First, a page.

- To assess durability, gently stretch the jeans at the seams. If you notice threads pulling apart, it’s a sign of poor construction. For online shoppers, make use of the zoom feature to inspect stitching details.
- If you’re all about form-fitting comfort, consider stretch denim. Check the label for the percentage of Lycra or Spandex in the fabric; aim for a maximum of 2 percent. While stretch jeans are designed to provide flexibility, excessive stretch can lead to premature wear and sagging. As a rule of thumb, 1 percent offers a hint of comfort, while 2 percent means a more giving fabric. If you’re in between sizes, opt for the smaller size, as stretch jeans tend to loosen with wear.
- Certain design elements and materials can also signal quality. Look for copper buttons and rivets; they indicate a well-constructed product. However, beware of imitations. Some knock-off brands mimic the style of designer jeans, so prioritize material quality over design details. If the information isn’t readily available, exercise caution.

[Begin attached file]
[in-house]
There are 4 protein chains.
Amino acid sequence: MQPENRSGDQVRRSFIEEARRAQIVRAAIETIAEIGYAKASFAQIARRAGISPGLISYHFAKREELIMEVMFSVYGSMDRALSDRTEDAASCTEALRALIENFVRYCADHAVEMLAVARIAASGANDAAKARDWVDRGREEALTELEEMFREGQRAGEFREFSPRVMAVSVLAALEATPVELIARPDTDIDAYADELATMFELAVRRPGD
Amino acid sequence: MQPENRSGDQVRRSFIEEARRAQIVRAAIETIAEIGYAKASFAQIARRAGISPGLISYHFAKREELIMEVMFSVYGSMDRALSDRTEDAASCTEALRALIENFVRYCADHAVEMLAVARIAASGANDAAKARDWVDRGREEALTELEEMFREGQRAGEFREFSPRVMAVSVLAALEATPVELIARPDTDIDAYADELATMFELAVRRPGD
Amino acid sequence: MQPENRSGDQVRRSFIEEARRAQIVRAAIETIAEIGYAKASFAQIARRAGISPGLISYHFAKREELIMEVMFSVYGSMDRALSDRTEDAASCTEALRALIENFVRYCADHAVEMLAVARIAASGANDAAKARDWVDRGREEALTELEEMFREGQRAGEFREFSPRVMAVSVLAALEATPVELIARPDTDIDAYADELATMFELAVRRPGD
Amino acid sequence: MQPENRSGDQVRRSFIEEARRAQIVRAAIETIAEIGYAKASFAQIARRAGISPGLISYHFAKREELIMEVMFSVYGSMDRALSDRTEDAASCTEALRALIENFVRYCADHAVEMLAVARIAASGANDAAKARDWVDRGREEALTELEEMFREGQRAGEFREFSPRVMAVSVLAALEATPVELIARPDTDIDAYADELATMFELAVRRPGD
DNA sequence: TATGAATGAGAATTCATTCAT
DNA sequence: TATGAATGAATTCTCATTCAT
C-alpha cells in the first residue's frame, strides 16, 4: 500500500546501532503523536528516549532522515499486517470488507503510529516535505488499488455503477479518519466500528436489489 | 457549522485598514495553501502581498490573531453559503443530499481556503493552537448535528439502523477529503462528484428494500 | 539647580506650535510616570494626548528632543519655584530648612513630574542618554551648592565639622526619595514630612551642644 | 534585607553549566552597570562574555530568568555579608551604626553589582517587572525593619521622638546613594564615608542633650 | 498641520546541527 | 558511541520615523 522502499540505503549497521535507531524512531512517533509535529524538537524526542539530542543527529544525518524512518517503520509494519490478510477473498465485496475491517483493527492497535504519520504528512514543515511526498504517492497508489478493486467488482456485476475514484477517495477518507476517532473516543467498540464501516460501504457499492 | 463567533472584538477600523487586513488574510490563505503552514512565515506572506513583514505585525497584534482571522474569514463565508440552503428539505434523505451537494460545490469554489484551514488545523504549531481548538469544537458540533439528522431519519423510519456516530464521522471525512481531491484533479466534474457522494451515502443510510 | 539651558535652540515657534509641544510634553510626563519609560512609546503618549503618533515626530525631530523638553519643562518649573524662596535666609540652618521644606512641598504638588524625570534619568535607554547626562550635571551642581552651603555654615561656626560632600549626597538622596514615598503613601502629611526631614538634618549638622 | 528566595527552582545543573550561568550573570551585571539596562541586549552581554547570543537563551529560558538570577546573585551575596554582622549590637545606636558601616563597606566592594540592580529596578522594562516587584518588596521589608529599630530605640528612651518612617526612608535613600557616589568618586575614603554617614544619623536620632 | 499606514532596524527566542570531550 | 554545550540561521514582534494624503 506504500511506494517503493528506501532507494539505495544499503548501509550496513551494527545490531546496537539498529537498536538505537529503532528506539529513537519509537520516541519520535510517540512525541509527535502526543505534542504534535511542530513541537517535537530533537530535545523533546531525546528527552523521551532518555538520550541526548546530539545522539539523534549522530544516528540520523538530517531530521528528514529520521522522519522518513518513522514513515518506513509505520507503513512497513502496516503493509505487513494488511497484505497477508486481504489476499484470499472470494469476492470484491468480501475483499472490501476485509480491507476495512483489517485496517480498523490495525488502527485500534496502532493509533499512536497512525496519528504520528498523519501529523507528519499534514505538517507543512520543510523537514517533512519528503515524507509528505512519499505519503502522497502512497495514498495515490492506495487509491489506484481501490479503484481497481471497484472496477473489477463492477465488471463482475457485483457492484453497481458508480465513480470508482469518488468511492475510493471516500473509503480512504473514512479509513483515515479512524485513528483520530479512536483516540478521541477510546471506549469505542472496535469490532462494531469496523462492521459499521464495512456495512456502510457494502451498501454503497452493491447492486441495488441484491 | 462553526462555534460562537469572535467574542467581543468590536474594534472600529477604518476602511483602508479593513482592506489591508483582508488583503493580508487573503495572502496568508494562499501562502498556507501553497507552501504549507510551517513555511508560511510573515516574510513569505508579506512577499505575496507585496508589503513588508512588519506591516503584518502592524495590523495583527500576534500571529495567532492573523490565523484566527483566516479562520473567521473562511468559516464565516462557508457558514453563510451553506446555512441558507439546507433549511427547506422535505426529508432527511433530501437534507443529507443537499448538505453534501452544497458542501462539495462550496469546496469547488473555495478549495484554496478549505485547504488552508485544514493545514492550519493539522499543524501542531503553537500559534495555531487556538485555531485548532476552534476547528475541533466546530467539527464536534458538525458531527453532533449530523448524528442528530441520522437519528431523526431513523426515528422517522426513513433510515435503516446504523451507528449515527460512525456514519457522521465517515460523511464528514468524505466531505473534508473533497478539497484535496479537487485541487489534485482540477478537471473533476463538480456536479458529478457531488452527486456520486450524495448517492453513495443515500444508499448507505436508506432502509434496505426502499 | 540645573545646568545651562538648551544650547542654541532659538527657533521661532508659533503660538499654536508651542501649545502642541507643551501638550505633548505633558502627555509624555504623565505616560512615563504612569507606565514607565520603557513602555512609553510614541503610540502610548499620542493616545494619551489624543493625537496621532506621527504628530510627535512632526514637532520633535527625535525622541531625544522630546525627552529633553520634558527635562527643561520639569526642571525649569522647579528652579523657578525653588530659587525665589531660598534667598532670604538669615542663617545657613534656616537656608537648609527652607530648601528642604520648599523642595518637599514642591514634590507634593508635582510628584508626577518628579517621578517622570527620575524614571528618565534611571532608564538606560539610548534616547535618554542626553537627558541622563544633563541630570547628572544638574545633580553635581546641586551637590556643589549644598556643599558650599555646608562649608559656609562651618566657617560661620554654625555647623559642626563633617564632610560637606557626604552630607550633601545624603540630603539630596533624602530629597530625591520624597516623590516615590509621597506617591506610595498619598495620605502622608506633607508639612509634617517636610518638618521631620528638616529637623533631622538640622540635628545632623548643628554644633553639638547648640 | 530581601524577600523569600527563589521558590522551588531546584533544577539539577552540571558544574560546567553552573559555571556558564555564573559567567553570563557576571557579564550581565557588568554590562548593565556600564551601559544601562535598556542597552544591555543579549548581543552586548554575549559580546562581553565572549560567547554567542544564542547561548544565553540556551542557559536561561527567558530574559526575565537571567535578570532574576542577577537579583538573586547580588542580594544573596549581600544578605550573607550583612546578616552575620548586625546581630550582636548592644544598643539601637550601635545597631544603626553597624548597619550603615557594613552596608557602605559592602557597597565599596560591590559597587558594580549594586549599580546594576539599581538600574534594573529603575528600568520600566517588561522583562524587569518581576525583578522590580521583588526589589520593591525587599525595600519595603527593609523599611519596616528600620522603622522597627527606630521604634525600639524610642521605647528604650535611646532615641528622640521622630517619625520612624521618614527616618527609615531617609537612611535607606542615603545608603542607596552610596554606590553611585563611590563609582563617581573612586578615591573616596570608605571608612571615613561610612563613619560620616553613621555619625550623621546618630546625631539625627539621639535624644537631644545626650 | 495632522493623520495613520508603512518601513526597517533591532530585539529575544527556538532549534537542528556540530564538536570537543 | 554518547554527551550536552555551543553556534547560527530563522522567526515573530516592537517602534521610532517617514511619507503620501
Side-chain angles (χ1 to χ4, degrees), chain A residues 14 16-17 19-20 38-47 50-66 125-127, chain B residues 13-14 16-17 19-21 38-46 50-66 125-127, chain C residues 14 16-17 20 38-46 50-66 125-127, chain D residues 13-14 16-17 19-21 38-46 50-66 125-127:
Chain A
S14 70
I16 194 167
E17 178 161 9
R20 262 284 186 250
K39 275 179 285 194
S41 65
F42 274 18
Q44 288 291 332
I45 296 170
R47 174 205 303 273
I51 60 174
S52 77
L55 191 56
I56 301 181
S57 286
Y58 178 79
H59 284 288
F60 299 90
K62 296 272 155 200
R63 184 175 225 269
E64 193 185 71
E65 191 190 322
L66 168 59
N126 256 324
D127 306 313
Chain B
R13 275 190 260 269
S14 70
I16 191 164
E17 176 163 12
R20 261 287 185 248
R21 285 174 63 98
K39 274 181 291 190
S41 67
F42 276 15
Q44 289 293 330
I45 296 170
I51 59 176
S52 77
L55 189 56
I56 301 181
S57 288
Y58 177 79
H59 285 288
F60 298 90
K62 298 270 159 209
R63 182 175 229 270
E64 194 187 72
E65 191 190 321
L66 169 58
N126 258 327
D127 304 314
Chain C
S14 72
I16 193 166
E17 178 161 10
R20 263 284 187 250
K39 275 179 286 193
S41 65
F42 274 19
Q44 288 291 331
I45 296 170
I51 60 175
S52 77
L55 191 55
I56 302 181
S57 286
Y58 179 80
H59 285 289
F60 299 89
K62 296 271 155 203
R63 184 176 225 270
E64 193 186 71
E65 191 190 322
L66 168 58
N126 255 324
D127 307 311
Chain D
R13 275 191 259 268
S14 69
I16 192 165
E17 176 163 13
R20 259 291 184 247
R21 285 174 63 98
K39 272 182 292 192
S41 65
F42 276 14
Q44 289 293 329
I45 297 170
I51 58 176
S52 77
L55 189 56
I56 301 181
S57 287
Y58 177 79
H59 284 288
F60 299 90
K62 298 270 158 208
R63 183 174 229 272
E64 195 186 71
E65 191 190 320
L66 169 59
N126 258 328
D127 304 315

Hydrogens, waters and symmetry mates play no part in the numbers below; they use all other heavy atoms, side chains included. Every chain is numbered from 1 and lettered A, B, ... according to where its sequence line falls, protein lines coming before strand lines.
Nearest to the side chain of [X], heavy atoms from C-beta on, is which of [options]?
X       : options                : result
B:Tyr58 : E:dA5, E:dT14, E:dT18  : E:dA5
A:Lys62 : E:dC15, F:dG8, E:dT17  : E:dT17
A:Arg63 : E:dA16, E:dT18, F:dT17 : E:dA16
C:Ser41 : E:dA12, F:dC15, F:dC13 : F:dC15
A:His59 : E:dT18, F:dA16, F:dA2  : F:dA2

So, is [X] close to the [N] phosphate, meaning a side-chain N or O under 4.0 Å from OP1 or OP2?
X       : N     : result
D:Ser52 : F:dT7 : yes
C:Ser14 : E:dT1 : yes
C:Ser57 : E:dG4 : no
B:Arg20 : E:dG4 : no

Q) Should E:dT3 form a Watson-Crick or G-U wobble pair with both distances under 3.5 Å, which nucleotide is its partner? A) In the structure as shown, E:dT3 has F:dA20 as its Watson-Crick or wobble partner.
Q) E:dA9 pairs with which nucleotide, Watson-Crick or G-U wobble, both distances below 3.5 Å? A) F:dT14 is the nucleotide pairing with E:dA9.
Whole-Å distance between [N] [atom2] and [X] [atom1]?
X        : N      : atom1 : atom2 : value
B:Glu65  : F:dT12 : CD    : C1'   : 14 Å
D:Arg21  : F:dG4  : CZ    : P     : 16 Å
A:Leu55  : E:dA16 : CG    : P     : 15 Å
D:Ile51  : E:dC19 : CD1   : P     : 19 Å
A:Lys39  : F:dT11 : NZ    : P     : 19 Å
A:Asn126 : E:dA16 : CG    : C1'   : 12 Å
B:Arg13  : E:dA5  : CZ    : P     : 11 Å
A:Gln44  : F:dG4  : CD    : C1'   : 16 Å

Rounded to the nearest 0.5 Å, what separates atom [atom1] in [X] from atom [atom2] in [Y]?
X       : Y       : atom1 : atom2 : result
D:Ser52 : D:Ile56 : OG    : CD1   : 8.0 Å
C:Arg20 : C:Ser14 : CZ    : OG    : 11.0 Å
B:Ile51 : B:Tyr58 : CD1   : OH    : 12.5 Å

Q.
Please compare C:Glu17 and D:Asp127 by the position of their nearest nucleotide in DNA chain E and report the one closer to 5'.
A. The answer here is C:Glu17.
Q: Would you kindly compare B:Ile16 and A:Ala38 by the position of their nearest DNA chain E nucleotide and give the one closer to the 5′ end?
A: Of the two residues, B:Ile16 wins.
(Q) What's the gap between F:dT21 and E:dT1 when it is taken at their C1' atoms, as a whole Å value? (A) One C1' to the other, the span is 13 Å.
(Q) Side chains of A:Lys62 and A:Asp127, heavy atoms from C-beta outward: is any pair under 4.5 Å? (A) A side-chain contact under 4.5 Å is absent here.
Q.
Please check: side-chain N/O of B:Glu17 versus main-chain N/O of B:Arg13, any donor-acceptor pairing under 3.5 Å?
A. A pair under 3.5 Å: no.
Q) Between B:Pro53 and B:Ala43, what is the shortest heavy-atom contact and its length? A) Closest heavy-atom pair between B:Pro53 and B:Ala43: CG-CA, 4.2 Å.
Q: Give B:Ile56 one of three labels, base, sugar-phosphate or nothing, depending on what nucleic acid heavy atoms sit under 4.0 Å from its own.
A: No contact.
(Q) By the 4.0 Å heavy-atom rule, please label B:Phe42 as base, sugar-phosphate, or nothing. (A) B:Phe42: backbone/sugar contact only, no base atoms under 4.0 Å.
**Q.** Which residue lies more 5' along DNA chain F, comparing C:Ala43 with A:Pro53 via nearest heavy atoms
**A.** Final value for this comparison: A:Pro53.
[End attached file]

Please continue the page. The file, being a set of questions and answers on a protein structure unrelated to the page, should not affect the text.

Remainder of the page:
- Designer jeans may be the cream of the crop, but they often come with a hefty price tag. Instead of breaking the bank, use them as a benchmark for quality. Try on a few pairs, even if you don’t plan to buy them. This will give you a sense of what high-quality denim feels like. It’s tempting, of course, but armed with this knowledge, you can shop for quality mid-range labels, like Levi’s and 5.11, which offer both iconic style and tactical features.